“I’ve wanted to be a foster parent since I was 16,” shared Summer. She worked at a daycare at the time and didn’t even know any foster families, but somehow knew there was a need and wanted to ensure kids were safe and loved. It wasn’t just a fleeting idea, either. Summer majored in Social Work in college and even interned with Presbyterian Children’s Homes and Services (PCHAS).
After graduation, she returned to her hometown to work as a teacher and was excited a PCHAS Foster Parent had joined the staff at her church. It was great to have someone to answer questions like, “Can singles become foster parents?” She was pleased to learn that she could foster and adopt with a strong support system.
It affected Summer’s parents, too. They wanted to help brothers and sisters in foster care stay together. They fostered two sibling groups and adopted her two younger brothers. She was not a foster parent yet, but Summer was learning so much, and she got the opportunity to support her parents and the boys.
As she approached her thirtieth birthday, Summer wanted to become a mom as much as ever. Her desire to foster never waned and she knew she needed to be prepared. So, she bought a home and buckled down to be wise with her money. She found a counselor and built a connection so she’d have a professional she could talk to about her thoughts and feelings. Summer also took stock of her support system to ensure she wasn’t taking a huge leap of faith alone. All this reassured her it was the right time to begin fostering. When the new year started, Summer contacted PCHAS for information about the process, and things started falling into place.
Summer wanted to become a foster parent, but deep down, she hoped she would be able to adopt the children and avoid the loss involved with reunification. She took part in a twenty-one-day prayer initiative and prayed daily for a smooth experience and the opportunity to adopt. After several days, Summer felt a conviction from the Lord: she was praying for other families to fail. She took the encounter with God seriously and knew she had to change her heart and focus. She continued her daily prayers, but her new petition asked God to restore families, for the parents to know their kids are safe, and for strength and wisdom to help kids heal.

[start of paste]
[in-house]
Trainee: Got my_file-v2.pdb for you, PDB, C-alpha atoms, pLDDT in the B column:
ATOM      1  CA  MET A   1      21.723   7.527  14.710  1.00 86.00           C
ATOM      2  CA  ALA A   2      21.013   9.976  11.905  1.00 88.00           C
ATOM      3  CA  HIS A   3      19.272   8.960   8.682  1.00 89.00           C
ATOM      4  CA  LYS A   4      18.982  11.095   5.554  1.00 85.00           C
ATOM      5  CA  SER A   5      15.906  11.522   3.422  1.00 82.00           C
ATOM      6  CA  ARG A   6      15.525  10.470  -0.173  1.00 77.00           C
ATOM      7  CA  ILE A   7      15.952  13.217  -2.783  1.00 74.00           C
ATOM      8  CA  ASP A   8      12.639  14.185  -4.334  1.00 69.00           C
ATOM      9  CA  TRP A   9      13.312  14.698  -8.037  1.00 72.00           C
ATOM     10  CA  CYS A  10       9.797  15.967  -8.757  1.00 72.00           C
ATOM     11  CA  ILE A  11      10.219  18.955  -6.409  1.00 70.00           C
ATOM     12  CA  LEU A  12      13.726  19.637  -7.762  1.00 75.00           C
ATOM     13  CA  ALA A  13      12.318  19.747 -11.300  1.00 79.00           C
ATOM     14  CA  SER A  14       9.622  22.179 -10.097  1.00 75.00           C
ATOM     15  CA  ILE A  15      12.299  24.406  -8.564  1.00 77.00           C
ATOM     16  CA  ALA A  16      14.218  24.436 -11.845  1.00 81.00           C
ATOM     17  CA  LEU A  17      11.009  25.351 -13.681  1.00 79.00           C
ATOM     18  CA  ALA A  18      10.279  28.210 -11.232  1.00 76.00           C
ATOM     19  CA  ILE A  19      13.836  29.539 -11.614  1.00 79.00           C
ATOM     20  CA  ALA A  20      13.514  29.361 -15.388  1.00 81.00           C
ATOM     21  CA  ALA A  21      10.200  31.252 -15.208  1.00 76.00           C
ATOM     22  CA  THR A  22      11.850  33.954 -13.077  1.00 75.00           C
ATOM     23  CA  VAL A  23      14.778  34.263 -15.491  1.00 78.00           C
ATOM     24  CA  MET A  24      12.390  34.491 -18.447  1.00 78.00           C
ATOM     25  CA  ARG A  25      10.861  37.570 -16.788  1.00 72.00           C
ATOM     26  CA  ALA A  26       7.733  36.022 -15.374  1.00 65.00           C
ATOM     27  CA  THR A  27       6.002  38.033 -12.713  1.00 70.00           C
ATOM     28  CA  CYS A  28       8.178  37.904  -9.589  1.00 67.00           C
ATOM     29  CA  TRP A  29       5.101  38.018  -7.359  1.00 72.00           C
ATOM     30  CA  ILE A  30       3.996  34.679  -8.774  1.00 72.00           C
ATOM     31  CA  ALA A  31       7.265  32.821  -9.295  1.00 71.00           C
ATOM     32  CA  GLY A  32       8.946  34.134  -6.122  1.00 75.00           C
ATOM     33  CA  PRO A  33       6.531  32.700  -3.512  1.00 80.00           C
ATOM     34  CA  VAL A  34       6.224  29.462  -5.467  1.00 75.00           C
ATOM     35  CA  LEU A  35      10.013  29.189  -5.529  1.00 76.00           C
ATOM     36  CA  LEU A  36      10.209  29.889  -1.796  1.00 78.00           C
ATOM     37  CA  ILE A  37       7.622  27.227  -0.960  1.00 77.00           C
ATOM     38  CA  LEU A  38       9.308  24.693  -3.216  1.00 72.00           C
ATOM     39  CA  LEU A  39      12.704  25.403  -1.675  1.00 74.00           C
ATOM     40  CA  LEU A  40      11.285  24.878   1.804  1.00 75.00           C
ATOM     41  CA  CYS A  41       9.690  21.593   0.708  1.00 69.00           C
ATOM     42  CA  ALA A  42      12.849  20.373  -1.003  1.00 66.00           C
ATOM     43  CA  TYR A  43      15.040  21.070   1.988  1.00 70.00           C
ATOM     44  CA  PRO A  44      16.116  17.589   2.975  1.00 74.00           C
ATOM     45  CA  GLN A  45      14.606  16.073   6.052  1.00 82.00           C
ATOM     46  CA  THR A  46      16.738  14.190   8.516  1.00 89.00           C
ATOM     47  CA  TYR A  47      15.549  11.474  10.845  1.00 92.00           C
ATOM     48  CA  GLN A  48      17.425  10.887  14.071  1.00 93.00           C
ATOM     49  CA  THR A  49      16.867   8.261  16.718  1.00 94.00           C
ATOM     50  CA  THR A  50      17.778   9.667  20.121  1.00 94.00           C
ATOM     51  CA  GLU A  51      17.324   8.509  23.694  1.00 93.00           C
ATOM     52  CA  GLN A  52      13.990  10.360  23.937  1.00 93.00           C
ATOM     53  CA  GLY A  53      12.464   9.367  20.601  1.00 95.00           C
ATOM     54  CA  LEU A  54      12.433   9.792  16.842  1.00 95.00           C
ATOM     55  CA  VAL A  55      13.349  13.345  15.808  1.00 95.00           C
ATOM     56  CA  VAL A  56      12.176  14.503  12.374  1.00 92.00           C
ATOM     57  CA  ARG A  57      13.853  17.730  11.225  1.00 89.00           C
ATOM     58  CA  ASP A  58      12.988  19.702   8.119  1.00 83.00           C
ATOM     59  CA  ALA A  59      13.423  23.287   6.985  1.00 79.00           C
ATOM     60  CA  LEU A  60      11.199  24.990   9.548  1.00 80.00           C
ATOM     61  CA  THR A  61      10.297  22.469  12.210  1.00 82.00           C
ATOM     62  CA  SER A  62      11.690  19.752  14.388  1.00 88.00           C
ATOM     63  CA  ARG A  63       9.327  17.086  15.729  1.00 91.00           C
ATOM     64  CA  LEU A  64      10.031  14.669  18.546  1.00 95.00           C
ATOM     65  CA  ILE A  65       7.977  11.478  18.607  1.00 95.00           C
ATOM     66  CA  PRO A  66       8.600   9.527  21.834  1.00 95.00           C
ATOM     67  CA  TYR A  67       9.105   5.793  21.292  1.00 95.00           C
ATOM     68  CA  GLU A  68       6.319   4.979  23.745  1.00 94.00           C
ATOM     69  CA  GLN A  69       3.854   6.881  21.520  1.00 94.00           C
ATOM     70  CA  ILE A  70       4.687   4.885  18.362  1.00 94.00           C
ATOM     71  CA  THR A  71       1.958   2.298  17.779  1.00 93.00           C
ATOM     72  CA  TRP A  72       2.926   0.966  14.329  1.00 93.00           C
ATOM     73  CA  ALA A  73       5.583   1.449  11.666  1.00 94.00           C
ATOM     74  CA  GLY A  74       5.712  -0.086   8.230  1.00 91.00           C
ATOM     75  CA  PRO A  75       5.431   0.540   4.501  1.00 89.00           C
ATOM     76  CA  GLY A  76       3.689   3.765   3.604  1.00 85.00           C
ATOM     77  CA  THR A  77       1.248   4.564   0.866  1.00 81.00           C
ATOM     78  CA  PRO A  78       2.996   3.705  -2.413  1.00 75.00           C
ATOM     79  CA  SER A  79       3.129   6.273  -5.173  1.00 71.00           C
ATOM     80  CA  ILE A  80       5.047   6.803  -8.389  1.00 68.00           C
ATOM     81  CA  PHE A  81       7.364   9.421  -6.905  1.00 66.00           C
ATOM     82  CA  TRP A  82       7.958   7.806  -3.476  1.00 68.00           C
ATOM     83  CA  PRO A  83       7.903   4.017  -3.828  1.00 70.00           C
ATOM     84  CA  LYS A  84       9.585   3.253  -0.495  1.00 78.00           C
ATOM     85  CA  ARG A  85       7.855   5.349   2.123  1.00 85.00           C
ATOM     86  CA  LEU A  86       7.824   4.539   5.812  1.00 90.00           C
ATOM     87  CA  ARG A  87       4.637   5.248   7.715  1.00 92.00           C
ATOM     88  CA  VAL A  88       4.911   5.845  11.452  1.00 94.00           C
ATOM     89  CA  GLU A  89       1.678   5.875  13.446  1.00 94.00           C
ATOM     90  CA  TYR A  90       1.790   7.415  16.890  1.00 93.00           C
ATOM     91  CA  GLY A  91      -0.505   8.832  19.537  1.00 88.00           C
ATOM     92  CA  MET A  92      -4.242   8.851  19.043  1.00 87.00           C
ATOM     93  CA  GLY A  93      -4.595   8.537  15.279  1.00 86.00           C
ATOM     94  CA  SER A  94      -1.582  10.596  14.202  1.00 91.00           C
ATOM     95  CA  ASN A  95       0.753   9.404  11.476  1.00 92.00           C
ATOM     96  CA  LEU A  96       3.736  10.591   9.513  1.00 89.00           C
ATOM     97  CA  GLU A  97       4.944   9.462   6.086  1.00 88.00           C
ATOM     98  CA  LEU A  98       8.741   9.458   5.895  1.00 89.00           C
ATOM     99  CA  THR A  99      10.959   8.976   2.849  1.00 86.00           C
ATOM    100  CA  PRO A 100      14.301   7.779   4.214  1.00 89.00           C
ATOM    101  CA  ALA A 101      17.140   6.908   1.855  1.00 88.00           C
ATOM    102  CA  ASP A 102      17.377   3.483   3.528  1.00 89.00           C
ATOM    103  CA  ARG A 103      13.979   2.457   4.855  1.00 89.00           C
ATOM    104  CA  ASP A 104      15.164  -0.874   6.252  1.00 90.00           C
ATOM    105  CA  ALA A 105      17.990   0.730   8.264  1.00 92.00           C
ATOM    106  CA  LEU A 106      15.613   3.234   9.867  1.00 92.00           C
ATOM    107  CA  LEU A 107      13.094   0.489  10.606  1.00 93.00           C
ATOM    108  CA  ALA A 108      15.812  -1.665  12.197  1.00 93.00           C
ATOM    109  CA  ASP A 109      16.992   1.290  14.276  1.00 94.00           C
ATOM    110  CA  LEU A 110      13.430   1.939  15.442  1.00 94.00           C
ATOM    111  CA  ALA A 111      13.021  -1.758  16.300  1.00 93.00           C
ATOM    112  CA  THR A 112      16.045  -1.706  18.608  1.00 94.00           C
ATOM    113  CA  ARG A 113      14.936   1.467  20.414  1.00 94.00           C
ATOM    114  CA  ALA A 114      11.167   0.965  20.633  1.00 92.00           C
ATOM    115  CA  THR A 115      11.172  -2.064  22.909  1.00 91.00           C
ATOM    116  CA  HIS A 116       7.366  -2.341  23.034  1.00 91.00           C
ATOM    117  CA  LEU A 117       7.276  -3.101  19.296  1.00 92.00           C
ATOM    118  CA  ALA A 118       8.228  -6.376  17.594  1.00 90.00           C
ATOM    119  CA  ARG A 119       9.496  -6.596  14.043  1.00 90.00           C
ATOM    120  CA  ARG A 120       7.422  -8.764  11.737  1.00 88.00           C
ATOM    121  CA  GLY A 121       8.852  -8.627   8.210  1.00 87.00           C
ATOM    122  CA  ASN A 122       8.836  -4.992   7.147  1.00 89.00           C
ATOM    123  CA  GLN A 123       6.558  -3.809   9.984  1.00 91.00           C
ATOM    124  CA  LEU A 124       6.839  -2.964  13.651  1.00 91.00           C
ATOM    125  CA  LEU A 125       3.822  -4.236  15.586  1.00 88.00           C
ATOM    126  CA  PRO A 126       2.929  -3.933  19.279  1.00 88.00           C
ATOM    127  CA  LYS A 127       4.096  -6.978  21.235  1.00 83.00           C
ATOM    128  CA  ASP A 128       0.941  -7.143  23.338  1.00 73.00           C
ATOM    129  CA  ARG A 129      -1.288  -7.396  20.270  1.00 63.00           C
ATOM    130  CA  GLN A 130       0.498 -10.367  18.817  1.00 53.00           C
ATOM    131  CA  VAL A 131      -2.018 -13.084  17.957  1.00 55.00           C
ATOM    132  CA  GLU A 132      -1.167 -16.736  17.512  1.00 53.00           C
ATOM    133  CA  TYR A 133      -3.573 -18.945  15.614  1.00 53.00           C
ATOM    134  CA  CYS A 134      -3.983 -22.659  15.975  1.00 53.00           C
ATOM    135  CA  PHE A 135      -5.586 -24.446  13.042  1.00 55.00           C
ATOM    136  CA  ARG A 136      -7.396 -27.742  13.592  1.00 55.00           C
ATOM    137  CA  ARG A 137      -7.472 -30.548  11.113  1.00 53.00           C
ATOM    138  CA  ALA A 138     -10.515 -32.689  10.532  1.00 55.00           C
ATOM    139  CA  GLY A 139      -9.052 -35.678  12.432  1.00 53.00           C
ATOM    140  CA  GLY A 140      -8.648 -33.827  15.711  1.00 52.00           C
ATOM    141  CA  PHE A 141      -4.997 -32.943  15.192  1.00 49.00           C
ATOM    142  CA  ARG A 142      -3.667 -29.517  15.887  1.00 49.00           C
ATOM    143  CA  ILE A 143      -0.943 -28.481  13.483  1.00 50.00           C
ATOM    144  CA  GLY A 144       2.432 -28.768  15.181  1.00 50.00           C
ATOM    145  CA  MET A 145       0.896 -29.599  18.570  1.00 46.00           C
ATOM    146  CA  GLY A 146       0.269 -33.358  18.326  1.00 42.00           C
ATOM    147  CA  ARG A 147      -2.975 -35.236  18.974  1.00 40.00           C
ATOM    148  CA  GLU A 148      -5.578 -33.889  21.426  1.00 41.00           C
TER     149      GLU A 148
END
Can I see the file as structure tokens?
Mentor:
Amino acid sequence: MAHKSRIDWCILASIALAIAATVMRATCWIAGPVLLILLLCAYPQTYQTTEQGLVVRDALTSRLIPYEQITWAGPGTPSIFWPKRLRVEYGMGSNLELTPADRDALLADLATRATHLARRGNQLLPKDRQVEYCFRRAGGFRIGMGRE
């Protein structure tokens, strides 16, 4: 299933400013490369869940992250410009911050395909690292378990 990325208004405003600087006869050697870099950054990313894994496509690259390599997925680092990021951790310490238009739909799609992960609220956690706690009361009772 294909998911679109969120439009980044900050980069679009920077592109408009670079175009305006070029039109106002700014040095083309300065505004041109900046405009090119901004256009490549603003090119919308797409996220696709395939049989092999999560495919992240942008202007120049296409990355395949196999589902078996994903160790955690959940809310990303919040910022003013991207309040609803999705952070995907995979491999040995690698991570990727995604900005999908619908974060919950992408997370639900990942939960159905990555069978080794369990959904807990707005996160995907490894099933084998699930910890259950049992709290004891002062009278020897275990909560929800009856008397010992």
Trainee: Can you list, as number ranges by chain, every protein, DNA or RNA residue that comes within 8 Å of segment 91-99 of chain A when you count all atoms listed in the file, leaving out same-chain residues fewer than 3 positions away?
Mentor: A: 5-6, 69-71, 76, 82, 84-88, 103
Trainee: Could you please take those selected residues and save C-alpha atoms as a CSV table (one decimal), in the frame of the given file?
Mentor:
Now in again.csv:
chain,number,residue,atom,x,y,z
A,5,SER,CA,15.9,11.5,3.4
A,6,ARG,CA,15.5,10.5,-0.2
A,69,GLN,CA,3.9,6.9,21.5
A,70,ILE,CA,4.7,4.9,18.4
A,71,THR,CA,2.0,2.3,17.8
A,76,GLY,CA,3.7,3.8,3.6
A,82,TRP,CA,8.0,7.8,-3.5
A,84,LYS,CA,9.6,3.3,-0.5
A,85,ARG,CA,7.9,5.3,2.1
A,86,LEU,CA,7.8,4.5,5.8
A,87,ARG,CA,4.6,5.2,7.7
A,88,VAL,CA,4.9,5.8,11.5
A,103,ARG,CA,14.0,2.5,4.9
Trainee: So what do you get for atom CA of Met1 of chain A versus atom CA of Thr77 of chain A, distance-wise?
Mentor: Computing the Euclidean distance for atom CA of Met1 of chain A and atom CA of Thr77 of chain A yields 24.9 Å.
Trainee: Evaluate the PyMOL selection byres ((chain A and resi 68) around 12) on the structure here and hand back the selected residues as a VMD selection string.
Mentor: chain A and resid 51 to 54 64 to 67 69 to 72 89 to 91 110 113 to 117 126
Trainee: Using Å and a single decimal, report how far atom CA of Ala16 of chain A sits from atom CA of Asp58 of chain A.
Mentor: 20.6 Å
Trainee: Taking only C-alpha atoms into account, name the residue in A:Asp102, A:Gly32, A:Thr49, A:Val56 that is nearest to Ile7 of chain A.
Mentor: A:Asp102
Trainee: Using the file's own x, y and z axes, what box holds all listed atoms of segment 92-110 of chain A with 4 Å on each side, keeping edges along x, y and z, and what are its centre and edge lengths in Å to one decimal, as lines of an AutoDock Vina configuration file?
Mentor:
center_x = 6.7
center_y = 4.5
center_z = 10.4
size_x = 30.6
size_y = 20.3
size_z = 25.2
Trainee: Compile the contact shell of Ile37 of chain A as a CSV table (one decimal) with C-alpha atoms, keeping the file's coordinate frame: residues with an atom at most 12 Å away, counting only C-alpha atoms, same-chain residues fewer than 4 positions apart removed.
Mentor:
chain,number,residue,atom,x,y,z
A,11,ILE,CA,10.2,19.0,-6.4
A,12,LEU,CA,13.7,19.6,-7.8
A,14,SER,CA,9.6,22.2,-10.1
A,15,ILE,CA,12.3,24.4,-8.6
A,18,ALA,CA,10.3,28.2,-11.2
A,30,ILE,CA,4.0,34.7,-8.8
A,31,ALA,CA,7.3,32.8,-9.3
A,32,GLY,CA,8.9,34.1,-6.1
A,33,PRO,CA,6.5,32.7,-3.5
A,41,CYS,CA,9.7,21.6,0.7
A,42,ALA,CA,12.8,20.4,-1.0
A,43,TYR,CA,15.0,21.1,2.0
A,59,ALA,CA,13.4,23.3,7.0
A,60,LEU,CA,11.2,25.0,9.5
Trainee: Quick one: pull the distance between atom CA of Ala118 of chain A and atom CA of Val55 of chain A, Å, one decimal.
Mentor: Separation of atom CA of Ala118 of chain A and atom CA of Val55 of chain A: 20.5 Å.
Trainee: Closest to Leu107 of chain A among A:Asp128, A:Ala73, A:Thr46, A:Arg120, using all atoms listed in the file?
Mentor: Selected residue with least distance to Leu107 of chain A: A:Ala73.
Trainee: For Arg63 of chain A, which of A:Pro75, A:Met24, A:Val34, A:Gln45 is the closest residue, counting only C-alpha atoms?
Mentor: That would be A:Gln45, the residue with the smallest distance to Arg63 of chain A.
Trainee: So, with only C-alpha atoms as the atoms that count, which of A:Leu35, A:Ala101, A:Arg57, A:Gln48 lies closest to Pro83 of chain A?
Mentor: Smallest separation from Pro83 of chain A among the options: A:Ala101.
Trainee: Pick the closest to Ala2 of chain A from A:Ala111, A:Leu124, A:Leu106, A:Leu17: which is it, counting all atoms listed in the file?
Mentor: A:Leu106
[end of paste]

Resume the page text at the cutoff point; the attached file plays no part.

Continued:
She worked on all the requirements to become a foster parent and completed her verification soon after her summer break began. About two weeks later, she welcomed her first child. In the 18 months that have followed, she has cared for 12 children ranging from newborns to 8 years old.
The experience has affirmed Summer’s calling, but it is not an easy path. Fostering requires flexibility, and foster parents must navigate ambiguity with grace. Summer says the challenges are worth it because the rewards are so great.
The children have needed Summer’s care for different lengths of time. Some have reunited with relatives or family friends, and she has had children reunify with their parents twice. Reunification is always the goal for kids in foster care, and Summer supports it 100%.
“Meeting the birth family was scary, at first,” says Summer, “but it evolved into a good relationship.” Summer likes writing, so she takes the initiative to write a letter to the family as soon as possible. “I try to assure them the kids are loved and that I’m rooting for them. I tell them that I’m praying for them and that I pray for them with the kids at bedtime,” Summer shared. “We pray for strength for mom and dad, compassion and wisdom for me, and for the kids to feel loved and safe.” The reactions from the children’s families have been positive. She says, “I didn’t realize how much I was going to love being involved with the birth families.”
For two groups of kids, her positive relationship with the birth family has resulted in an ongoing relationship even now that the kids are back home. Summer loves seeing the children grow up and be part of their lives, and she is grateful for the chance to continue encouraging their parents.
When we asked Summer what advice she would share, she quickly discussed the need for support and the importance of good planning. When one group of siblings left to live with family, it happened very quickly. The children had been with her for about eight months. The loss was hard on Summer, so she started making a game plan she could use going forward. The most important thing is ensuring people who are supportive (and educated about foster care) know of her needs and are available to listen as she needs them in the days following a loss. Summer also finds it helpful to increase her counseling visits for a couple of weeks because she knows how important it is to support her mental health. Once, she went to stay with her parents for a few days. She’s found comfort in having a plan, and navigating loss well has helped her “stay in the game” to continue providing a nurturing family for other kids who need her.
There is a huge need for families to foster – especially for siblings and school-aged kids. “It’s needed,” Summer said. “[The losses] might hurt, but it’s not about you. You don’t get into this for you; you get into fostering for the kids. It’s going to be hard… but you can do it!”
If you have an unwavering commitment to ensuring kids are safe and feel loved like Summer does, we want to meet you. Join An Online Info Session to learn more or Connect With Us at 281-324-0544 or firstname.lastname@example.org.